Many applications assume that IP addresses are stable over long periods of time. These applications resolve names to addresses and then cache them without any notion of the lifetime of the name/address connection, Thaler says. This assumption isn't always true today because of the popularity of the Dynamic Host Configuration Protocol as well as roaming mechanisms and wireless communications.

6. A computer has only one IP address and one interface to the network.

This is an example of an assumption that was never true to begin with, Thaler says. From the onset of the Internet, hosts could have several physical interfaces to the network and each of those could have several logical Internet addresses. Today, computers are dealing with wired and wireless access, dual IPv4/IPv6 nodes and multiple IPv6 addresses on the same interface making this assumption truly a myth.

7. If you and I have addresses in a subnet, we must be near each other.

Some applications assume that the IP address used by an application is the same as the address used for routing. This means an application might assume two systems on the same subnet are nearby and would be better to talk to each other than a system far away. This assumption doesn't hold up because of tunneling and mobility. Increasingly, new applications are adopting a scheme known as an identifier/locator split that uses separate IP addresses to identify a system from the IP addresses used to locate a system.

8. New transport-layer protocols will work across the Internet.

IP was designed to support new transport protocols underneath it, but increasingly this isn't true, Thaler says. Most NATs and firewalls only allow Transmission Control Protocol (TCP) and User Datagram Protocol (UDP) for transporting packets. Newer Web-based applications only operate over Hypertext Transfer Protocol (HTTP).

9. If one stream between you and me can get through, so can another one.

Some applications open multiple connections – one for data and another for control – between two systems for communications. The problem is that middleboxes such as NATs and firewalls block certain ports and may not allow more than one connection. That's why applications such as File Transfer Protocol (FTP) and the Real-time Transfer Protocol (RTP) don't always work, Thaler says.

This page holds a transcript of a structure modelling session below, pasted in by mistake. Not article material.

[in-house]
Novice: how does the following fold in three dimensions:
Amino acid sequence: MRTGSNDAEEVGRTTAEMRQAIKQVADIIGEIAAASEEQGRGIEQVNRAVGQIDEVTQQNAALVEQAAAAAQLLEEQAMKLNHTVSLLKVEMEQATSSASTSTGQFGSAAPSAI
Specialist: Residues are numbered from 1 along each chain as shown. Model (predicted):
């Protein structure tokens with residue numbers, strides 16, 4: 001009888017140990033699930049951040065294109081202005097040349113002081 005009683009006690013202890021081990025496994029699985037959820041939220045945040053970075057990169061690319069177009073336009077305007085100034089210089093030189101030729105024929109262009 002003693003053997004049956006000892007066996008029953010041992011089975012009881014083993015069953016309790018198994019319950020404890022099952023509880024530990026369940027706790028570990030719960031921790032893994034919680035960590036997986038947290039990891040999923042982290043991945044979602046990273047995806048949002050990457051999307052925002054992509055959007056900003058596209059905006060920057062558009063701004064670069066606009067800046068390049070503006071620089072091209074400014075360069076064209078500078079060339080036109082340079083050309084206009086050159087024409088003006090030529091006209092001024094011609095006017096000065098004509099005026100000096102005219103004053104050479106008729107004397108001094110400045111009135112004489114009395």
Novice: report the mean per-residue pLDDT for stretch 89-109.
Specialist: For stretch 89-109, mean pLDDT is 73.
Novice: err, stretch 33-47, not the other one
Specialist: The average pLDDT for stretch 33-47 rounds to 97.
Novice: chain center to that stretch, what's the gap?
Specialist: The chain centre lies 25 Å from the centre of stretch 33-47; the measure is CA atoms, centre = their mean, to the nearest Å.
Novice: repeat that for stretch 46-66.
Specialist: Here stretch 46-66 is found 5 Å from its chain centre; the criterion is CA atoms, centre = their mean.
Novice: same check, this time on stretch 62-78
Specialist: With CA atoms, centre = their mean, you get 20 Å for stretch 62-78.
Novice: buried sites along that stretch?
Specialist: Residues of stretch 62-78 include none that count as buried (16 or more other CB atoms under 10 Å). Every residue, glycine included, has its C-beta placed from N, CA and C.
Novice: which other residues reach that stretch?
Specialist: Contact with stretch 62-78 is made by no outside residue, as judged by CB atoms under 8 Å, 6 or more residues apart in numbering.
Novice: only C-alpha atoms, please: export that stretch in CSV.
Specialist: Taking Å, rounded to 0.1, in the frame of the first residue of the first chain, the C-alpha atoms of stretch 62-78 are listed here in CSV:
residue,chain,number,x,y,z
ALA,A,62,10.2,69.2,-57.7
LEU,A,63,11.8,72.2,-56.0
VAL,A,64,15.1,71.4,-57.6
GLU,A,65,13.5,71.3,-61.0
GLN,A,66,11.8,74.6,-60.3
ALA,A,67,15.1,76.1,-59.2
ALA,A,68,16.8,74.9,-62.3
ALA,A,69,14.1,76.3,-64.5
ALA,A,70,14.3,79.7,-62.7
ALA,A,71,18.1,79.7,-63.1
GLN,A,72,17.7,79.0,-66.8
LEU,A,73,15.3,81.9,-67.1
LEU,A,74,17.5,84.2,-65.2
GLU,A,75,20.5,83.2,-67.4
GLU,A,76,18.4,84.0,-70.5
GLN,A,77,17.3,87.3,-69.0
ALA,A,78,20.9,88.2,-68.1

10. Internet communications are not changed in transit.

Thaler cites several assumptions about Internet security that are no longer true. One of them is that packets are unmodified in transit. While it may have been true at the dawn of the Internet, this assumption is no longer true because of NATs, firewalls, intrusion-detection systems and many other middleboxes. IPsec solves this problem by encrypting IP packets, but this security scheme isn't widely used across the Internet.

11. Internet communications are private.

Another security-related assumption Internet developers and users often make is that packets are private. Thaler says this was never true. The only way for Internet users to be sure that their communications are private is to deploy IPsec, which is a suite of protocols for securing IP communications by authenticating and encrypting IP packets.

12. Source addresses are not forged.

Many Internet applications assume that a packet is coming from the IP source address that it uses. However, IP address spoofing has become common as a way of concealing the identity of the sender in denial of service and other attacks. Applications built on this assumption are vulnerable to attack, Thaler says.[via networkworld]